>> >> > confusion. I
>> >> > tend to say "vocabulary" to name the set of types and predicates
>> used by
>> >> > a
>> >> > dataset (like in Linked Open Vocabularies), which is a minimal
>> >> > commitment to
>> >> > how it is considered by the dataset owner, bearing in mind that this
>> >> > "vocabulary" is generally a mix of imported terms from SKOS, FOAF,
>> >> > Dublin
>> >> > Core ... and home-made ones. Which is completely OK with the spirit
>> of
>> >> > RDF.
>> >> >
>> >> > The brand new LDOM [1] or whatever it ends up to be named at the end
>> of
>> >> > the
>> >> > day might clarify the situation, or muddle those waters a bit more :)
>> >> >
>> >> > [1] http://spinrdf.org/ldomprimer.html
>> >> >
>> >> > 2015-01-23 10:37 GMT+01:00 Pavel Klinov <pavel.klinov@uni-ulm.de>:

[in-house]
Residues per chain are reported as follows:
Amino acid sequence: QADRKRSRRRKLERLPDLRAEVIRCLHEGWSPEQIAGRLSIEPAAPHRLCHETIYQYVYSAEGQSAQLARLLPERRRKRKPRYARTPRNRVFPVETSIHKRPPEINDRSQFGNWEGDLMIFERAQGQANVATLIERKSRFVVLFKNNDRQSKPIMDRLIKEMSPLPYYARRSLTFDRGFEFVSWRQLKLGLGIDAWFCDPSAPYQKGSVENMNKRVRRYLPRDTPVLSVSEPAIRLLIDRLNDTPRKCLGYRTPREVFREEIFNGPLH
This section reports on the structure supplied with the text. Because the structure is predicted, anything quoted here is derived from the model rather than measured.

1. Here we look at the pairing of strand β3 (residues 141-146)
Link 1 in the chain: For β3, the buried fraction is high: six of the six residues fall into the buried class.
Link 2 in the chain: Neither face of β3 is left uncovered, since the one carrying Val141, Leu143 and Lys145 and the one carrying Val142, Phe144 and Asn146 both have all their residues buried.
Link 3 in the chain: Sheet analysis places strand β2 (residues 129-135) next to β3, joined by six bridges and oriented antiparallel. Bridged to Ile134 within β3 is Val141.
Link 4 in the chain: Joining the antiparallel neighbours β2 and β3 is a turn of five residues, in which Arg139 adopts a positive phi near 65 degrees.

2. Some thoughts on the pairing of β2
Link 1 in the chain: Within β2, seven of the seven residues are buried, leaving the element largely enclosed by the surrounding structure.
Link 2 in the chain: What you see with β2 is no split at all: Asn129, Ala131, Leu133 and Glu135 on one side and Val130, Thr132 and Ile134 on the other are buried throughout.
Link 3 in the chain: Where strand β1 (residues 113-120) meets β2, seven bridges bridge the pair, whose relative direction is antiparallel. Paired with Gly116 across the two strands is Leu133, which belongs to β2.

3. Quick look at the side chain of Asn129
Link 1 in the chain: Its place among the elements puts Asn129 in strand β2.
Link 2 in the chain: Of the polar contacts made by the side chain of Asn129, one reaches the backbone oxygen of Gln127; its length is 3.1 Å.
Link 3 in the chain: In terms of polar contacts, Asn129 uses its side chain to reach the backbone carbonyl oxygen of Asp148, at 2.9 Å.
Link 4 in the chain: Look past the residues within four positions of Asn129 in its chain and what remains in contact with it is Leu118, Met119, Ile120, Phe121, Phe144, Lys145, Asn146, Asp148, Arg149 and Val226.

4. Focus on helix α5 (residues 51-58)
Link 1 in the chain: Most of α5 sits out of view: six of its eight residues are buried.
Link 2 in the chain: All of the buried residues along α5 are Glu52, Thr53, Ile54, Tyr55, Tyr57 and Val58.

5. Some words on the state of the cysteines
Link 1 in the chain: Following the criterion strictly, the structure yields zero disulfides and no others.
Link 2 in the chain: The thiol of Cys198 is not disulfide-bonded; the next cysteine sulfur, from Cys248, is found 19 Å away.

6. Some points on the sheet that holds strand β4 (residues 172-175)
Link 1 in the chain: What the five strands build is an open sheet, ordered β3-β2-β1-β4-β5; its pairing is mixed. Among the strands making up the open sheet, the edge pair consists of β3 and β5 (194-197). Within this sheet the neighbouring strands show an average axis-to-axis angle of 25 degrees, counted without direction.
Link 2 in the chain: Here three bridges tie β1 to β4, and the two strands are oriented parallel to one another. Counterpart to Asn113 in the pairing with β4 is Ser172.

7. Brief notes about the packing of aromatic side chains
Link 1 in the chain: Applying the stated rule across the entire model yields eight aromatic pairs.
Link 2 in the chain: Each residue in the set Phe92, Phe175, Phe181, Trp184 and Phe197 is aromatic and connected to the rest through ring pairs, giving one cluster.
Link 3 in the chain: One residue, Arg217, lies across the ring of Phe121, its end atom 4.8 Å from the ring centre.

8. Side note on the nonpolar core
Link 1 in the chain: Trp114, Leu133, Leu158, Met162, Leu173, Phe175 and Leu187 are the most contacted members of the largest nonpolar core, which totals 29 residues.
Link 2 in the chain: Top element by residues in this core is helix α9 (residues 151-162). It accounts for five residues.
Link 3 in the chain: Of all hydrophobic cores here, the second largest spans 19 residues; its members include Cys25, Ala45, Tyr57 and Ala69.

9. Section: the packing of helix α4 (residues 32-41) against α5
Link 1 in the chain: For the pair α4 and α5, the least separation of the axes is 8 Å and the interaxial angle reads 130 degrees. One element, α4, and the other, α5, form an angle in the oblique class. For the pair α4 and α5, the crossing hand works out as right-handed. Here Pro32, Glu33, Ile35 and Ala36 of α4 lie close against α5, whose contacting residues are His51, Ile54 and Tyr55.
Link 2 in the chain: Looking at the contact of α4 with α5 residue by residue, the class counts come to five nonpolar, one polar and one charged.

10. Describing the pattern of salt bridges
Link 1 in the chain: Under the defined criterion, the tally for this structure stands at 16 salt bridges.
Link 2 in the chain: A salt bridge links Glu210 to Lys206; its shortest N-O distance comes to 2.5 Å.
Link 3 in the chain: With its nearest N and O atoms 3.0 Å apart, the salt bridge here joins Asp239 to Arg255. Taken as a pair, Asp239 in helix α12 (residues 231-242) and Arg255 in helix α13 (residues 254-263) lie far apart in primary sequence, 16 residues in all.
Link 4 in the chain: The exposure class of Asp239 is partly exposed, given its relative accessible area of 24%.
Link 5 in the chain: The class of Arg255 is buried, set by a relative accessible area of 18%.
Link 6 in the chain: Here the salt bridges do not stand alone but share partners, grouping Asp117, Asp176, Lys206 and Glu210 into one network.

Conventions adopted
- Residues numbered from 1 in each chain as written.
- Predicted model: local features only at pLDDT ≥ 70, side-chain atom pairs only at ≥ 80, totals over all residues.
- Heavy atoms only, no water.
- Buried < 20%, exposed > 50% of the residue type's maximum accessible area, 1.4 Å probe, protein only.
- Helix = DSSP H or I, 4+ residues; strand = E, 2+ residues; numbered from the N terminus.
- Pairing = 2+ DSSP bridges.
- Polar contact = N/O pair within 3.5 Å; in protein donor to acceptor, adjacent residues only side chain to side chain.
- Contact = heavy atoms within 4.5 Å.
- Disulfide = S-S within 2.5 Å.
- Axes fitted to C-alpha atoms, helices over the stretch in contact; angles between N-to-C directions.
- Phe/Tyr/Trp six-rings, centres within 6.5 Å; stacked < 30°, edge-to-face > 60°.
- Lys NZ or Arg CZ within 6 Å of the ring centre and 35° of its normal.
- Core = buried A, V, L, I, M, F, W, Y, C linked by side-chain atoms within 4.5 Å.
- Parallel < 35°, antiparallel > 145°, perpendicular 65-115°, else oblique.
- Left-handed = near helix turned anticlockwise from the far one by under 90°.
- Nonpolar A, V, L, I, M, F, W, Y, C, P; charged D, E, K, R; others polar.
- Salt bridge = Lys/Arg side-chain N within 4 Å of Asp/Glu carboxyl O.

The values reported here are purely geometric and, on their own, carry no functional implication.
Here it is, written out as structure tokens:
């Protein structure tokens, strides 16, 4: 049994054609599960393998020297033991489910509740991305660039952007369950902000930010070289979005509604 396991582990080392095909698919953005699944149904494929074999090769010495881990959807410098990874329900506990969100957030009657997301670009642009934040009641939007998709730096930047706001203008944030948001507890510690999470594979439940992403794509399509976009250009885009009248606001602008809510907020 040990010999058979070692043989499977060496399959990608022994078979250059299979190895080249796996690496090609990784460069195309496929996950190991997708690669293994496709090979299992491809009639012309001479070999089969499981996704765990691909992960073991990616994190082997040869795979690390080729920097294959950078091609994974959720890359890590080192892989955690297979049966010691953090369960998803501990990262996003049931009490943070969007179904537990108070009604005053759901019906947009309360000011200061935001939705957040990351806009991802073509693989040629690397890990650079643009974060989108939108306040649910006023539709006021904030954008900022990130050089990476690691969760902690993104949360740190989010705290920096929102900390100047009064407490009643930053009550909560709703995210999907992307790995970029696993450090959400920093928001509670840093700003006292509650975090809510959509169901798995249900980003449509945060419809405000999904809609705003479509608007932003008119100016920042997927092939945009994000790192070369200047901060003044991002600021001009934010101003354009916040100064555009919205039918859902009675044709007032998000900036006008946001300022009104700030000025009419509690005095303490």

>> >> >>
>> >> >> Alright, so this isn't an answer and I might be saying something
>> >> >> totally silly (since I'm not a Linked Data person, really).
>> >> >>
>> >> >> If I re-phrase this question as the following: "how do I extract a
>> >> >> schema from a SPARQL endpoint?", then it seems to pop up quite often
>> >> >> (see, e.g., [1]). I understand that the original question is a bit
>> >> >> more general but it's fair to say that knowing the schema is a huge
>> >> >> help for writing meaningful queries.
>> >> >>
>> >> >> As an outsider, I'm quite surprised that there's still no commonly
>> >> >> accepted (i'm avoiding "standard" here) way of doing this. People
>> >> >> either hope that something like VoID or LOV vocabularies are being
>> >> >> used, or use 3-party tools, or write all sorts of ad hoc SPARQL
>> >> >> queries themselves, looking for types, object properties,
>> >> >> domains/ranges etc-etc. There are also papers written on this
>> subject.
>> >> >>
>> >> >> At the same time, the database engines which host datasets often
>> (not
>> >> >> always) manage the schema separately from the data. There're good
>> >> >> reasons for that. One reason, for example, is to be able to support
>> >> >> basic reasoning over the data, or integrity validation. Just because